Friday, May 15, 2015

Do People Have More ADD Than Dogs?

Humans have a shorter attention span than goldfish?
A study of 2,000 people found that the average human attention span has fallen from 12 seconds to 8 seconds, which is less than that of a goldfish (nine seconds).

I have always said that dogs have epic ADD, and for a simple reason: they are bombarded by scents we cannot discern, have pent up prey drive we cannot fully understand, and get all kinds of cues from other dogs and animals that we are completely unaware of.

Combine that with a much simpler mind wired for immediate binary choices, and we have an animal whose attention is constantly shifting, always looking for some higher form of stimulation.

And yet that description comes pretty close to describing the modern human.

The modern human is constantly looking for more stimulation, our concentration drifting from TV screen, to computer screen, to telephone screen, to... Woah! Was that a squirrel?


Michael said...

Sad but predictable. Get off Twitter. Drop those devices.

jeffrey thurston said...

Wow! A "study" by a bunch of acronym-producing professional bullshitter neuro"scientists" has determined that we (whoever that is) have shorter attention spans! Did you follow the links to the actual study? My God man- it is a perfect illustration of what you speak of above in your Kennel Club post. We are doomed- our love of "experts" is producing copious bullshit in all aspects of life- we are drowning in it! Any modern soft science, current history, economics and politics has become as untrue and obfuscated as any religion or stupid belief system of old.

PBurns said...

Field test it yourself at your local coffee place of choice. Randomly pick 5 people and jot down how often they change focus in one minute. It's a pretty interesting way to spend 5 minutes -- you become a little Sherlock Holmes! How often do they tap the screen, change news articles, reach for the coffee, stand up, talk, go to the bathroom, etc.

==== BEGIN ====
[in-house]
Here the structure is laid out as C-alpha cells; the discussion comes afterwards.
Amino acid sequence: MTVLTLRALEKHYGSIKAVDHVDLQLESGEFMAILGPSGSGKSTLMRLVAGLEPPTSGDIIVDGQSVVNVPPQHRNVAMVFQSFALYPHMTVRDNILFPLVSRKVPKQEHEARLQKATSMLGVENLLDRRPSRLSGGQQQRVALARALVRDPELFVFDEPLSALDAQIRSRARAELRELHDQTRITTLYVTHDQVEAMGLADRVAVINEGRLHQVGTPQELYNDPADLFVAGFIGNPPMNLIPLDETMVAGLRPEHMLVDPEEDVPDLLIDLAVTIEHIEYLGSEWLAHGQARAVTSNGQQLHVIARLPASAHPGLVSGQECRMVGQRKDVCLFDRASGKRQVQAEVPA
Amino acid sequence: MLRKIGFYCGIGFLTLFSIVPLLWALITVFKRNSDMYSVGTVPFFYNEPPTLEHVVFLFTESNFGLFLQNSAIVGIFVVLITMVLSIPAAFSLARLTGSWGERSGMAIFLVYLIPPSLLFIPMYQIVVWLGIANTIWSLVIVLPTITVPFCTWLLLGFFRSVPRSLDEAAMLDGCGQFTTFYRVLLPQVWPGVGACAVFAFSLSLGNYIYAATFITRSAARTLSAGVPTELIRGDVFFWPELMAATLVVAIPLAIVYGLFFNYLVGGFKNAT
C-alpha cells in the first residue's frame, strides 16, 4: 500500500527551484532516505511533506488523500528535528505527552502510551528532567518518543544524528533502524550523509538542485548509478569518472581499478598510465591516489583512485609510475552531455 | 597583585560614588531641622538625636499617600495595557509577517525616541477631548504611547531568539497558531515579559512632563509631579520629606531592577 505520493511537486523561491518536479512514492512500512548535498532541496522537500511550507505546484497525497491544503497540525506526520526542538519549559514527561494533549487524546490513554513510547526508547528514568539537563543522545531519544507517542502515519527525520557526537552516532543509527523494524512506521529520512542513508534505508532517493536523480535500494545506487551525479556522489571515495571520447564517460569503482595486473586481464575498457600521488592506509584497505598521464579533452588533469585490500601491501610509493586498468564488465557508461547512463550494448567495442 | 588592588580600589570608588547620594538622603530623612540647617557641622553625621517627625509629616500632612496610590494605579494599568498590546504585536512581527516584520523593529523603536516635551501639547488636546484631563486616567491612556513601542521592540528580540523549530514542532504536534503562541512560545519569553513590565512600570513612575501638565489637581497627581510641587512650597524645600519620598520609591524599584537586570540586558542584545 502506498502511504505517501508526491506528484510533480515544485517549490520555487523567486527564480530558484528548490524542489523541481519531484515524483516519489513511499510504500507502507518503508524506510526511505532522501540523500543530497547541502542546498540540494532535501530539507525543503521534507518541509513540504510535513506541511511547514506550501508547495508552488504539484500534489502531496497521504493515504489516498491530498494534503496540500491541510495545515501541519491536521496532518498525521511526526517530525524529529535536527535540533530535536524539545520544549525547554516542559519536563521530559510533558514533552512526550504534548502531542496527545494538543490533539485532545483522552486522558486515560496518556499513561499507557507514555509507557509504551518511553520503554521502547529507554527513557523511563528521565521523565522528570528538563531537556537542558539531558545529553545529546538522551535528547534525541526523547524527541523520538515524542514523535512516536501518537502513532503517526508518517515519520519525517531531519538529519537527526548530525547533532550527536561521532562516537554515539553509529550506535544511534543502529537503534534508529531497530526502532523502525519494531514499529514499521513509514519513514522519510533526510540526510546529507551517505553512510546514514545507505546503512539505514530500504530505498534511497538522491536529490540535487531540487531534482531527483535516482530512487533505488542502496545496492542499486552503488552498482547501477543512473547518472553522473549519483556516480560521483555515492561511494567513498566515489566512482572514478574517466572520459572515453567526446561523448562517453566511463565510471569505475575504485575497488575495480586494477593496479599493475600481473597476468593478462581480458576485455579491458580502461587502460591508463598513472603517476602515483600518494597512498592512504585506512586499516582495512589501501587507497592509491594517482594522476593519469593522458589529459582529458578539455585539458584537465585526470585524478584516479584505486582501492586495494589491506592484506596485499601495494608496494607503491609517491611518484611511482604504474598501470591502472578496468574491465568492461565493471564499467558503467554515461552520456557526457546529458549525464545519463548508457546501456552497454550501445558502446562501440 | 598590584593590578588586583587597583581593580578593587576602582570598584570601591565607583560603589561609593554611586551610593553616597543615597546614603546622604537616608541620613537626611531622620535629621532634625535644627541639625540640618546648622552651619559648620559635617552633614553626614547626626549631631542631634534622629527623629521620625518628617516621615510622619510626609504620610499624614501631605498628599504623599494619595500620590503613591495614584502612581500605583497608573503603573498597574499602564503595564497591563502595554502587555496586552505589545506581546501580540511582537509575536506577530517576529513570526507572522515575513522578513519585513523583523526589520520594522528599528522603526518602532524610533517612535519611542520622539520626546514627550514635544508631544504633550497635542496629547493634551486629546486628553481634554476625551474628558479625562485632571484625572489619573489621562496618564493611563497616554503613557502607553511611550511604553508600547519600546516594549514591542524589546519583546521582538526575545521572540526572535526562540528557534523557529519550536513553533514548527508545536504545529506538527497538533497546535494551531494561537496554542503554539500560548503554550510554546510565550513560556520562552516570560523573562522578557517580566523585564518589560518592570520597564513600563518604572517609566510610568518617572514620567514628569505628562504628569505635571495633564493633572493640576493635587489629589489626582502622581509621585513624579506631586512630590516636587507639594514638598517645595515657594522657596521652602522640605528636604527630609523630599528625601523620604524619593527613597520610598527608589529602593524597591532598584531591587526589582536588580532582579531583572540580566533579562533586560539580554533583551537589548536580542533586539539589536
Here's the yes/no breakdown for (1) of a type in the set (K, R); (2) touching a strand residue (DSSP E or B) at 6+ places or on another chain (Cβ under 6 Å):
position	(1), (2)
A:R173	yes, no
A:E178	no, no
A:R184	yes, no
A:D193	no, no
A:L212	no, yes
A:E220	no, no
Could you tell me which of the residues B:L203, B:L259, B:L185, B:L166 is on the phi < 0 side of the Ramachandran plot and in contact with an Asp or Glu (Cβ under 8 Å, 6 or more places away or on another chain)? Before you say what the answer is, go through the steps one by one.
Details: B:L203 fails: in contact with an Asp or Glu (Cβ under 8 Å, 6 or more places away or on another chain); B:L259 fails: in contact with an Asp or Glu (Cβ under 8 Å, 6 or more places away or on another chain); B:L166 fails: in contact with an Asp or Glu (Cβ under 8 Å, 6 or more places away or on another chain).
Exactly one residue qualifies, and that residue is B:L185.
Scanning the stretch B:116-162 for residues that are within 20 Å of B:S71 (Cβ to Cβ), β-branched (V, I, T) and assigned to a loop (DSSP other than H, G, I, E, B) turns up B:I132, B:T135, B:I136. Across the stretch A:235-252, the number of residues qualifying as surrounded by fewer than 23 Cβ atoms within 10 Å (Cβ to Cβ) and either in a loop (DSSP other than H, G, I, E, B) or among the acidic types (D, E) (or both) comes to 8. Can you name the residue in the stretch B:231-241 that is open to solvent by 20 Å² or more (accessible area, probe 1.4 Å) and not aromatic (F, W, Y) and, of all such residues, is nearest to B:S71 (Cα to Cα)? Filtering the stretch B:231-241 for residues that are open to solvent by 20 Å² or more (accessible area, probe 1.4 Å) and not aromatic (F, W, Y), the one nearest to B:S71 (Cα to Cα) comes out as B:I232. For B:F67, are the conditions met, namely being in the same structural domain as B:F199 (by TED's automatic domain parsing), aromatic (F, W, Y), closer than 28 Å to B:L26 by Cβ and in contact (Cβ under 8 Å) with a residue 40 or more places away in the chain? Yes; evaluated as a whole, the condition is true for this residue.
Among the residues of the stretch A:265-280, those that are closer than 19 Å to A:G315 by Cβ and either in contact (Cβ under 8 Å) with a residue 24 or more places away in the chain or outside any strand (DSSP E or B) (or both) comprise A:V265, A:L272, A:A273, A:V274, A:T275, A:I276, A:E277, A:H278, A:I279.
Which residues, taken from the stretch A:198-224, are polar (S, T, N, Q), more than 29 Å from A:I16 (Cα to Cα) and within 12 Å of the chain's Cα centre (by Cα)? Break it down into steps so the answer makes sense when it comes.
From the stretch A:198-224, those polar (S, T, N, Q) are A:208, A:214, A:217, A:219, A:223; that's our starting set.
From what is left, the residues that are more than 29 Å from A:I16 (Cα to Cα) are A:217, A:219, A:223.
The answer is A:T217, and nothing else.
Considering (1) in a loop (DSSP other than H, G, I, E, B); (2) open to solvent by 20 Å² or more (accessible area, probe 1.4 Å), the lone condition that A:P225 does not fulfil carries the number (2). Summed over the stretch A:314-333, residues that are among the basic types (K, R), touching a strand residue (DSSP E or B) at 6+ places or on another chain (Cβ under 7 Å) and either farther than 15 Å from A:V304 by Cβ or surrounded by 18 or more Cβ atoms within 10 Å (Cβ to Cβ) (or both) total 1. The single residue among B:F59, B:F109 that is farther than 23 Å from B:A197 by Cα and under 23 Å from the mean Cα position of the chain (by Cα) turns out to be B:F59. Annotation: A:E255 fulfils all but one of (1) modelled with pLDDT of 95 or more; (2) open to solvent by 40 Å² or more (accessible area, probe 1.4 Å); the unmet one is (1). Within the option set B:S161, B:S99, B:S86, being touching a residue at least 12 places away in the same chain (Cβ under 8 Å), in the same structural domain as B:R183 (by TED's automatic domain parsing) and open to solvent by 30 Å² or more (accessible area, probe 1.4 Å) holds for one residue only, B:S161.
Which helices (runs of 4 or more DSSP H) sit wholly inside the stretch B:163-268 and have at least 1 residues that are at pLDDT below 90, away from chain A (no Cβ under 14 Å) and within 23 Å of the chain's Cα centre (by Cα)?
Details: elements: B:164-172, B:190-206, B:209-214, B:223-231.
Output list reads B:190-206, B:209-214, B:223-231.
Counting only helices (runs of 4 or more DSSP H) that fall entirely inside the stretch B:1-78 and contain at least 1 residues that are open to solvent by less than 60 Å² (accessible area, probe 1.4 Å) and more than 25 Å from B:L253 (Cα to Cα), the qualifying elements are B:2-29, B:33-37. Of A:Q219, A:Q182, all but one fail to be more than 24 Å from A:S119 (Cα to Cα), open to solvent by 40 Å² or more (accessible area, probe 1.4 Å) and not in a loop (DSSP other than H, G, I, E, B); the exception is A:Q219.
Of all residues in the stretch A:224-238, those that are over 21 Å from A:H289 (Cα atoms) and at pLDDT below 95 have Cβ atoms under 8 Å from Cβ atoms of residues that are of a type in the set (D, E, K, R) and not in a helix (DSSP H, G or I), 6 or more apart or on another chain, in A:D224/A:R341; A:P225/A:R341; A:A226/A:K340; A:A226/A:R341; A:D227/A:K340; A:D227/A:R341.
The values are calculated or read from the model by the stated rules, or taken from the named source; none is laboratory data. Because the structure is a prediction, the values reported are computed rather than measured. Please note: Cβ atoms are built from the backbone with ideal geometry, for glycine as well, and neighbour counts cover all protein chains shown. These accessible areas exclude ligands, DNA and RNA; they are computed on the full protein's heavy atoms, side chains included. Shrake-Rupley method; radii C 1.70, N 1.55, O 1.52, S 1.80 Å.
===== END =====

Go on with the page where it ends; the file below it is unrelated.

A study by the National Center for Biotechnology Information and the National Library of Medicine found that 79 per cent of respondents in the U.S. engaged in dual-screening — watching portable devices while watching TV. Some 52 per cent check our phones every 30 minutes. I do all of that and much more routinely -- activity unheard of 10 years ago.

But watch people at the coffee house. It's an interesting way to spend 5 1-minutes.

jeffrey thurston said...

I totally agree- observing people is very interesting- and I can see with my own 11 year old an uncanny ability to use 3 screens (phone, computer, video game) all the while wearing 2 headphones- one on each ear. My problem is with the $150,000 a year leering scam artists (neuroscientists, psychologists and the like) who make hay with these obvious observations. it is such leaky "science" that any conclusion can be reached and any casual observation can be confirmed- or not- whichever sounds more sciency. Human nature is best observed by novelists and artists as it has been since ever- I've learned more from this blog (about the relationship between man and dog) than I ever could by perusing 1,000 fake studies produced by fake scientists.